Graduate Students

Prospective Students

Research in the Adult Development Lab is a collaborative enterprise involving Dr. Hess, Postdocs, Graduate and Undergraduate Research Assistants, and other researchers in the department and at other institutions. Much of the research revolves around NIA-funded projects, but Graduate Research Assistants (GRAs) are given ample opportunity to contribute during all phases of these projects and are further encouraged to develop independent areas of inquiry.

Research Training

In conjunction with the state-of-the-art training in research and quantitative methods received by all students in the Lifespan Developmental Psychology program, GRAs in the Adult Development Lab further develop their research skills by learning how to design studies that investigate important issues in the study of adult cognitive functioning. Of particular emphasis is the adaptation of a social-cognitive perspective to the study of important questions relating to judgment and decision making, memory, and other aspects of everyday functioning. In this context, students may gain experience with the use of a variety of standardized and laboratory-based tests, computerized testing programs (e.g., E-Prime), psychophysiological recording apparatus (e.g., skin conductance, heartrate, EMG), and statistical software packages.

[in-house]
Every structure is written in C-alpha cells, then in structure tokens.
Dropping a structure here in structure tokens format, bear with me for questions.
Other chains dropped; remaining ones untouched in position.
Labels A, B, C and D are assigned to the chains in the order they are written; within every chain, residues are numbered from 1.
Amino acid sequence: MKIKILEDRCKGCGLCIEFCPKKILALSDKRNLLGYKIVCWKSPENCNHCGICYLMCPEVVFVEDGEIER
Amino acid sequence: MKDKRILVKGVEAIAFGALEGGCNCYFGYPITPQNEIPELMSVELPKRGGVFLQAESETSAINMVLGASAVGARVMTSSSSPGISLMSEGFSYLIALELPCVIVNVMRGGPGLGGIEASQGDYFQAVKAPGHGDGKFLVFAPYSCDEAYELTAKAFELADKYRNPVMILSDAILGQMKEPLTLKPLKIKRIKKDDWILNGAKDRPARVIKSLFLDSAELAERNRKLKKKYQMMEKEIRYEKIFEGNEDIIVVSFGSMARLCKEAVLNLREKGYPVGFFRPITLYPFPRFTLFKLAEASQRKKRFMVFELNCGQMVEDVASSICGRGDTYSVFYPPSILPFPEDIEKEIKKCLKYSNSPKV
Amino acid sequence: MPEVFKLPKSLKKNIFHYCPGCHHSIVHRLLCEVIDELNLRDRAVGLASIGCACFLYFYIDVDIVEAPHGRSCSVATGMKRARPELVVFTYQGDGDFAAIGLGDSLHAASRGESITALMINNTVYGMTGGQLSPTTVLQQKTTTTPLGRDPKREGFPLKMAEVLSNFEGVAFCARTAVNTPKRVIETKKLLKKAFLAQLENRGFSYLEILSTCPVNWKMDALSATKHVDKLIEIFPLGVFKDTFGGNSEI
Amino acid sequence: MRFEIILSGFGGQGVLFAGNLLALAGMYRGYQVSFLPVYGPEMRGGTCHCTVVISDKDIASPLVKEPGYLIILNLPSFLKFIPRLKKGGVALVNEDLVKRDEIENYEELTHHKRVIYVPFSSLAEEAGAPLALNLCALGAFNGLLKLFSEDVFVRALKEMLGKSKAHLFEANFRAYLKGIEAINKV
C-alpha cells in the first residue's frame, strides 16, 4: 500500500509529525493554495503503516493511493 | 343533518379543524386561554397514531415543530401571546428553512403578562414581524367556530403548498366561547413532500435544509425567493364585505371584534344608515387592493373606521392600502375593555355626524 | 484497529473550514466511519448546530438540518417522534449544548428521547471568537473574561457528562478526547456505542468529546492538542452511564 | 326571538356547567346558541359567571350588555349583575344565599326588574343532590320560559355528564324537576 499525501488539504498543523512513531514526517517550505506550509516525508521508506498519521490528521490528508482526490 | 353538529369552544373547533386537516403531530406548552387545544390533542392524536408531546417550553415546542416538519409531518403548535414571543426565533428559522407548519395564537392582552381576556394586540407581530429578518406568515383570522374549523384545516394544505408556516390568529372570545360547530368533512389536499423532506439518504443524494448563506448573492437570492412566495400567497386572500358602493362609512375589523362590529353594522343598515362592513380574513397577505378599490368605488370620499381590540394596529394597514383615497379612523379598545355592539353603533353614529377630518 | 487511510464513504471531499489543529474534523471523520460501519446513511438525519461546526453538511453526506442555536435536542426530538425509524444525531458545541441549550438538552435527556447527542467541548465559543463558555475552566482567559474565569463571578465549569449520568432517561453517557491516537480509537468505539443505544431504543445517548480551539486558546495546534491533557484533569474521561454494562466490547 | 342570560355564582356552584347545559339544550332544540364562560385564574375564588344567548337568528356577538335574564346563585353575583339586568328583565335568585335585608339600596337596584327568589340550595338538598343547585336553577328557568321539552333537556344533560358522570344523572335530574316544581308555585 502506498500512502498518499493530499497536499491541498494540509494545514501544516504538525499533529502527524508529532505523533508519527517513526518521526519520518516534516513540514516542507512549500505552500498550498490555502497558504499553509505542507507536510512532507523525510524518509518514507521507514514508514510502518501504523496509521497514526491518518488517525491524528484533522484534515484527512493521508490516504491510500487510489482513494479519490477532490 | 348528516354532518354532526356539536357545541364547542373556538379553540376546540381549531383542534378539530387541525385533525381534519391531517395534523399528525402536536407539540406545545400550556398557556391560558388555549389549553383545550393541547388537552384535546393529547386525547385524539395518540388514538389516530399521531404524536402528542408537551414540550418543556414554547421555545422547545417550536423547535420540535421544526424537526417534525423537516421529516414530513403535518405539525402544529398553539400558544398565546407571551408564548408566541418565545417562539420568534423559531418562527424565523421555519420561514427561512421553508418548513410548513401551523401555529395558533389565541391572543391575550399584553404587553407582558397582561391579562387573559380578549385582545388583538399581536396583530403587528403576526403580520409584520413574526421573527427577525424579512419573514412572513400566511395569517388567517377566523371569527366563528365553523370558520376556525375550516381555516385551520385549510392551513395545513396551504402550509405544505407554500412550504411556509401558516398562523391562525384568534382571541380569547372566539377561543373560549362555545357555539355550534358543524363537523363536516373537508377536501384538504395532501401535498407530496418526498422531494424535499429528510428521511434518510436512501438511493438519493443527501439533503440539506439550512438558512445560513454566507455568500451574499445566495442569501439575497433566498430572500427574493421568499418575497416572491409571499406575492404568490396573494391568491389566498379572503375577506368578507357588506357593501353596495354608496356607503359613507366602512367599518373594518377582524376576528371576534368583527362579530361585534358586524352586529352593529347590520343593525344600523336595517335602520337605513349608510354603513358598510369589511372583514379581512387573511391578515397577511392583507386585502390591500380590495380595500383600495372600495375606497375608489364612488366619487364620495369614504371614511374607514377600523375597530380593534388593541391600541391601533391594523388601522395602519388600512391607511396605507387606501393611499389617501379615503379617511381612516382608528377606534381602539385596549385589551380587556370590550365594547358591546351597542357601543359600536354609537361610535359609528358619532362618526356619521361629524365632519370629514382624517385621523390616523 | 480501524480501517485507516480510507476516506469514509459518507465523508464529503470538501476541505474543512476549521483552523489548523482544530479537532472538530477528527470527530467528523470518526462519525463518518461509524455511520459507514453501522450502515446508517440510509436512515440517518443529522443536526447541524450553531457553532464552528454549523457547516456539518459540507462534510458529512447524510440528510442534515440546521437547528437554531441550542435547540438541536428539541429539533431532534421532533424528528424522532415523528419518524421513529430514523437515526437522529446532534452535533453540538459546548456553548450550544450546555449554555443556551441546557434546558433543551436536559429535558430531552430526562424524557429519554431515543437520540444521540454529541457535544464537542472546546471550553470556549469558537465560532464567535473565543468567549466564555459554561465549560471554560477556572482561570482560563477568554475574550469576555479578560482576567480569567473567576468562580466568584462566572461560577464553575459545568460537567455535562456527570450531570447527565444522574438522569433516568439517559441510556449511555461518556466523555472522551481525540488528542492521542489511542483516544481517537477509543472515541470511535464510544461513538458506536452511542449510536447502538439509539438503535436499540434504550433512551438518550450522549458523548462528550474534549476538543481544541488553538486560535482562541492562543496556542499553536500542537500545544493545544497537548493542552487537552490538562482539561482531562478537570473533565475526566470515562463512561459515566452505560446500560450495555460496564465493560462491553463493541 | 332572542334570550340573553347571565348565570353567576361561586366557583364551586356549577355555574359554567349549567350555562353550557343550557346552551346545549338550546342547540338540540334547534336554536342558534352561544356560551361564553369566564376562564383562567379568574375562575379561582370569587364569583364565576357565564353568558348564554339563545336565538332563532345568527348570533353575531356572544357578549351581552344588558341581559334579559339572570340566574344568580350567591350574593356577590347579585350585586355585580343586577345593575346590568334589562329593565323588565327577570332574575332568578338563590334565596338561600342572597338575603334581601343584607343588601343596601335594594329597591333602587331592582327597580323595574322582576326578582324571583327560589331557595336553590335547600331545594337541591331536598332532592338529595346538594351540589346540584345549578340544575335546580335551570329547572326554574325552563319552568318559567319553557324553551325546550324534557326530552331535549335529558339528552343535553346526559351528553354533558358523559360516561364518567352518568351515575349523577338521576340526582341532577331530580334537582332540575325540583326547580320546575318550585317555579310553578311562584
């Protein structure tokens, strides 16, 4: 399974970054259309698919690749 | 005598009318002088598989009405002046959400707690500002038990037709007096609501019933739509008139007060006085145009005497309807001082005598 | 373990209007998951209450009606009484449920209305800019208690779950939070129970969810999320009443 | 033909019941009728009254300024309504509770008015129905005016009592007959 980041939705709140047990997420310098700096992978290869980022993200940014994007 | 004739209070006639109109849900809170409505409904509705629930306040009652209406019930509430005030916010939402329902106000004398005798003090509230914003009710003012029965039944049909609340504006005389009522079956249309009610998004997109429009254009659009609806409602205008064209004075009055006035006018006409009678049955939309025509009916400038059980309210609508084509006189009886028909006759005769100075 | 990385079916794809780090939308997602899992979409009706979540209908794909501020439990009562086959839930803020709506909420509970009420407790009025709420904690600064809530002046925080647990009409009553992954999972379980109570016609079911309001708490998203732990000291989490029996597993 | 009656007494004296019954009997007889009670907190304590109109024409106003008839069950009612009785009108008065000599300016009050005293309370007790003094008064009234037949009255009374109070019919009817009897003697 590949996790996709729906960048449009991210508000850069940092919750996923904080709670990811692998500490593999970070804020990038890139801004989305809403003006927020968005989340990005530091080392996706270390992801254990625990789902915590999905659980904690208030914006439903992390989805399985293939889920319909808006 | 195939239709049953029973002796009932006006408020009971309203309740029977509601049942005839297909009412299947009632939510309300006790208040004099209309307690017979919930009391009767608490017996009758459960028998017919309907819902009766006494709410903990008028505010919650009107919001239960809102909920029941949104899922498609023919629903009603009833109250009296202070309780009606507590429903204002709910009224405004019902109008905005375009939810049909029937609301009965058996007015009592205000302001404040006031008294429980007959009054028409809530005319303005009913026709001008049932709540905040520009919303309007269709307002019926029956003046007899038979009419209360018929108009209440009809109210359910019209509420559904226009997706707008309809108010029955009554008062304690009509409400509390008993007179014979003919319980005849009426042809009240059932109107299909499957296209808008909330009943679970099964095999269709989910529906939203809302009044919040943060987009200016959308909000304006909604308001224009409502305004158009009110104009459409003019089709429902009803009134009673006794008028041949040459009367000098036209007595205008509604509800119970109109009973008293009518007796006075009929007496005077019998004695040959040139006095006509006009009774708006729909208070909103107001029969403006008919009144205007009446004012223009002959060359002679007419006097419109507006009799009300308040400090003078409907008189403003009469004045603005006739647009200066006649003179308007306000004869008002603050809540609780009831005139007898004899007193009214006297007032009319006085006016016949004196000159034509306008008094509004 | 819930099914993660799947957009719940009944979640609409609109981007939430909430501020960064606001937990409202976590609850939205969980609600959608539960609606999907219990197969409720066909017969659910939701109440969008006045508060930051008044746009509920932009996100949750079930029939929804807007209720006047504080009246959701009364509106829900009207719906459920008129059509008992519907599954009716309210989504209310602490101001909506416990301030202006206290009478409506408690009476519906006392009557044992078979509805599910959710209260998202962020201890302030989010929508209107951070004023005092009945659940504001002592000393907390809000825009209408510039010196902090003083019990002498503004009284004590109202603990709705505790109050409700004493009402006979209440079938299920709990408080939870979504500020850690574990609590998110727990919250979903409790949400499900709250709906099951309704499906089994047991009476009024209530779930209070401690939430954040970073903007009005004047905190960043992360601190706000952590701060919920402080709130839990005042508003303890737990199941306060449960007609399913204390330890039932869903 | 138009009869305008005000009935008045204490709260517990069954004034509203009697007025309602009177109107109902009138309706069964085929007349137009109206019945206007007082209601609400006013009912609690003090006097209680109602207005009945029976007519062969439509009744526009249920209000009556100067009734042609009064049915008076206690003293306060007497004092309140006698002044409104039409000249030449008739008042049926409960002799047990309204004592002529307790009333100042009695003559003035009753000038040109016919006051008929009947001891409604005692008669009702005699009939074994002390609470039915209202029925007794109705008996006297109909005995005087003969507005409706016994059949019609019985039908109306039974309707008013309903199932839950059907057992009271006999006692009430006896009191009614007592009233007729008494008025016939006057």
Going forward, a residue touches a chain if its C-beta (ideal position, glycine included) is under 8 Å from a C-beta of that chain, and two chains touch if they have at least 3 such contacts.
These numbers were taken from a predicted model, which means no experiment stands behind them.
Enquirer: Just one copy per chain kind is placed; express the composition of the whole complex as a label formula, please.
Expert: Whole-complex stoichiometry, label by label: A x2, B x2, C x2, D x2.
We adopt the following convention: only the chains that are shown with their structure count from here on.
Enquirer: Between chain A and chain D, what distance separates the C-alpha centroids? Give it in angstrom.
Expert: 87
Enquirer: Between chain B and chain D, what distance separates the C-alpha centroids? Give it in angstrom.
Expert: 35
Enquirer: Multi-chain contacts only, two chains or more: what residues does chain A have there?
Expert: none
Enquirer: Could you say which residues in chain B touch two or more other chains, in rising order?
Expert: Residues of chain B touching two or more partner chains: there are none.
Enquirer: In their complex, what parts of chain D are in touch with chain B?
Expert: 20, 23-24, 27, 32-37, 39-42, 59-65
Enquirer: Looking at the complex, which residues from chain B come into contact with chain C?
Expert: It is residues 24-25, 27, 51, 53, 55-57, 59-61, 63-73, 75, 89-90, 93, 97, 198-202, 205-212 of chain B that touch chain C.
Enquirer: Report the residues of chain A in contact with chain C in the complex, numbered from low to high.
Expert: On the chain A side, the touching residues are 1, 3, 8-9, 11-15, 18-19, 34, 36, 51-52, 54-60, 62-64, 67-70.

Professional Development

Further professional development in the lab is encouraged by giving GRAs opportunities to be involved in (a) presenting papers at conferences, (b) preparing research papers for publication, and (c) grant proposal preparation. (As can be seen by the publication lists elsewhere on the lab website, past and current students have been actively involved in the publication process.)

Financial Support

In support of their education, graduate students in the lab are typically supported by NIA-funded research assistantships which also cover tuition, fees, and health insurance. They are also provided with travel support to attend conferences and some funds to cover independent research projects as well as theses and dissertations. Financial support is also available through University-funded teaching assistantships.


The number of students admitted into the lab varies somewhat from year to year, but typically there are slots available for 1 or 2 students each year. Interested students are encouraged to contact Dr. Hess to find out more about the Adult Development Lab and graduate training in Lifespan Developmental Psychology.